Although the measurements differ, it is possible that the description of a winter landscape by Esselens at an auction in Vienna in March 1811 could refer to the very same painting: “we see a village, a frozen river, a boat half sunk under the ice, and several peasants” (Sale J.M. de Birckenstock, lot 457). In particular, the boat mentioned was a motif that appears more than once in his oeuvre, sometimes even as his main subject (Rijksmuseum, inv. RP-T-1897-A-3323; RP-T-1897-A-3324).


Jacob Esselens, View on a beach, 1650-1687, oil on canvas, 41.5 x 51 cm, Rijksmuseum, inv. SK-A-2250; Detail of Jacob Esselens, Winter landscape; Detail of Jacob Esselens, View on a beach.

Jacob Esselens usually signed his work with 'J.E.' or 'J. Esselens.' In 1979, then-owner and art dealer P. de Boer mentioned a signature on the panel of his Winter landscape, but this can no longer be identified. It was possibly placed at the bottom of the painting, likely below or on the boat in the front. Nevertheless, several key elements in the landscape show a strong resemblance with Esselens’ signed work. For instance, the figures on the ice – with the characteristic pleat in the clothing and their reflections in the ice – are very similar to the man walking on the beach in a signed painting by Esselens in the Rijksmuseum (inv. SK-A-2250).


Jacob Esselens, Horsemen on a beach, oil on canvas, 41.1 x 53.3 cm, Bonhams London, 09-12-2015, lot 38; Detail of Jacob Esselens, Horsemen on a beach; Detail of Jacob Esselens, Winter landscape.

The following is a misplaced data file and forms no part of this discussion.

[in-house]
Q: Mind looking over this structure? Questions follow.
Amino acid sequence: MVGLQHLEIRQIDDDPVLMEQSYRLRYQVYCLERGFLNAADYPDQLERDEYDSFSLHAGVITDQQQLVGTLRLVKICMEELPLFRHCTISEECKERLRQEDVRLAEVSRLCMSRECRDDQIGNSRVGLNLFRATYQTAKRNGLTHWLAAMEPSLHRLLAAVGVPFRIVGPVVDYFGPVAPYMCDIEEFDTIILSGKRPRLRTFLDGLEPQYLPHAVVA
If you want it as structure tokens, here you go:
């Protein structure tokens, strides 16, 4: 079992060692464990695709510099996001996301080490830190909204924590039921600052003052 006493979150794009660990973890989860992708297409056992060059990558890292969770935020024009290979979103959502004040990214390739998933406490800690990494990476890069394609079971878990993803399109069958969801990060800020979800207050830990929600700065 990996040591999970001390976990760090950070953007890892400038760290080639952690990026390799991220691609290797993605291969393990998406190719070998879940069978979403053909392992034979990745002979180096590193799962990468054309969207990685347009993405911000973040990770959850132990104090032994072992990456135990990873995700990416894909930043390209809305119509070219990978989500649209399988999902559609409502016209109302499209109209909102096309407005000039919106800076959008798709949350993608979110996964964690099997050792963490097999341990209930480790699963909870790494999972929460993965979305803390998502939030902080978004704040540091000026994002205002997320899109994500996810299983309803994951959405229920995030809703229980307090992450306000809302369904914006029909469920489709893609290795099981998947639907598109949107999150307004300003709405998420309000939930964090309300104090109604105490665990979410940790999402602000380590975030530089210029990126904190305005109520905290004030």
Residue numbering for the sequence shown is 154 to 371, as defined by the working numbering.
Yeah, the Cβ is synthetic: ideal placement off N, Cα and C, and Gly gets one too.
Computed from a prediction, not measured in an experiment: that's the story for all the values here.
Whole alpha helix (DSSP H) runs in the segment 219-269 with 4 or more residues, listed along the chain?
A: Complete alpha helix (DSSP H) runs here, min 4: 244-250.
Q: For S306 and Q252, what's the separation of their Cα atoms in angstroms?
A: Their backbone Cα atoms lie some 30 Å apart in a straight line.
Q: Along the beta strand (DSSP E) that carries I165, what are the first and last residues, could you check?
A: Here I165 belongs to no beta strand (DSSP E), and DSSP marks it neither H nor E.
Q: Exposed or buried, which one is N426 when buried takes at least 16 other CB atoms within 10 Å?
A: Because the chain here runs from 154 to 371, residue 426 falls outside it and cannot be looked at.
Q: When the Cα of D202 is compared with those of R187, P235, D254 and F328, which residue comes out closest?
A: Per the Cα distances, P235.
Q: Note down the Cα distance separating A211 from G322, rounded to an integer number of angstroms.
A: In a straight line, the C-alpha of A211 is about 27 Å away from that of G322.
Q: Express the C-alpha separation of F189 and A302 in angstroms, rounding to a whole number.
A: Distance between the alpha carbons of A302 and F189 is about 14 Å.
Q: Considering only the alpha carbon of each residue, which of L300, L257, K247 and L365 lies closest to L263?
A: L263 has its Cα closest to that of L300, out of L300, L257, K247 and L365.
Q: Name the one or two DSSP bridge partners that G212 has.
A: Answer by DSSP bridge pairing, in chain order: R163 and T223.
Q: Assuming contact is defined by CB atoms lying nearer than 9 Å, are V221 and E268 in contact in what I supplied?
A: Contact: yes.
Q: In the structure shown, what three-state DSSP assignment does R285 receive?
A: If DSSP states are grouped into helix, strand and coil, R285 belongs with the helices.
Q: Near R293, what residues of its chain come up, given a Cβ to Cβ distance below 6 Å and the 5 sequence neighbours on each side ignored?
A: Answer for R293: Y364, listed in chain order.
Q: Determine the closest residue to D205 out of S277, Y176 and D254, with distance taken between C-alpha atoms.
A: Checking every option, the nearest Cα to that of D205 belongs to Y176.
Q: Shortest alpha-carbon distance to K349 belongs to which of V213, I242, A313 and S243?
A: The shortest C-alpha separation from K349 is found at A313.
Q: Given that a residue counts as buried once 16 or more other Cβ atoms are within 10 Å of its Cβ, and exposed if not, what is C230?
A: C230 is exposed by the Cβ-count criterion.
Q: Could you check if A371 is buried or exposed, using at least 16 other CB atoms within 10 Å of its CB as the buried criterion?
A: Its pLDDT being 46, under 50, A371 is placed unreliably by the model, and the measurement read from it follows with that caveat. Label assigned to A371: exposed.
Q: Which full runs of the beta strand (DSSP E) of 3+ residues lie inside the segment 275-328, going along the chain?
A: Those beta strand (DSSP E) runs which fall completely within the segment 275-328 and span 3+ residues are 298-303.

What is more, the mill in the distance is a mirror image of the one in a drawing in Frankfurt am Main (Städelschen Kunstinstitut, inv. 3657). Esselens seemed fond of depicting a couple with a child as seen from behind. This endearing element appears not only on the beach (Bonhams London, 09-12-2015, lot 38), but also in a drawing of a winter scene in the Rijksmuseum (inv. RP-T-1898-A-3725(R)). Now without the child, they both watch the icy entertainment safely from the side. Even the skater who has slipped, still with a leg and an arm in the air, plays a role in both the painting and the drawing. In the latter, the artist has written his signature on the boat as ‘Excellens’ – a clever and confident play on words.


Jacob Esselens, Winter landscape (IJsvermaak), 1650-1660, drawing, 27.1 cm x 22.6 cm, Rijksmuseum, inv. RP-T-1898-A-3725(R); Detail of Jacob Esselens, IJsvermaak; Detail of Jacob Esselens, Winter landscape.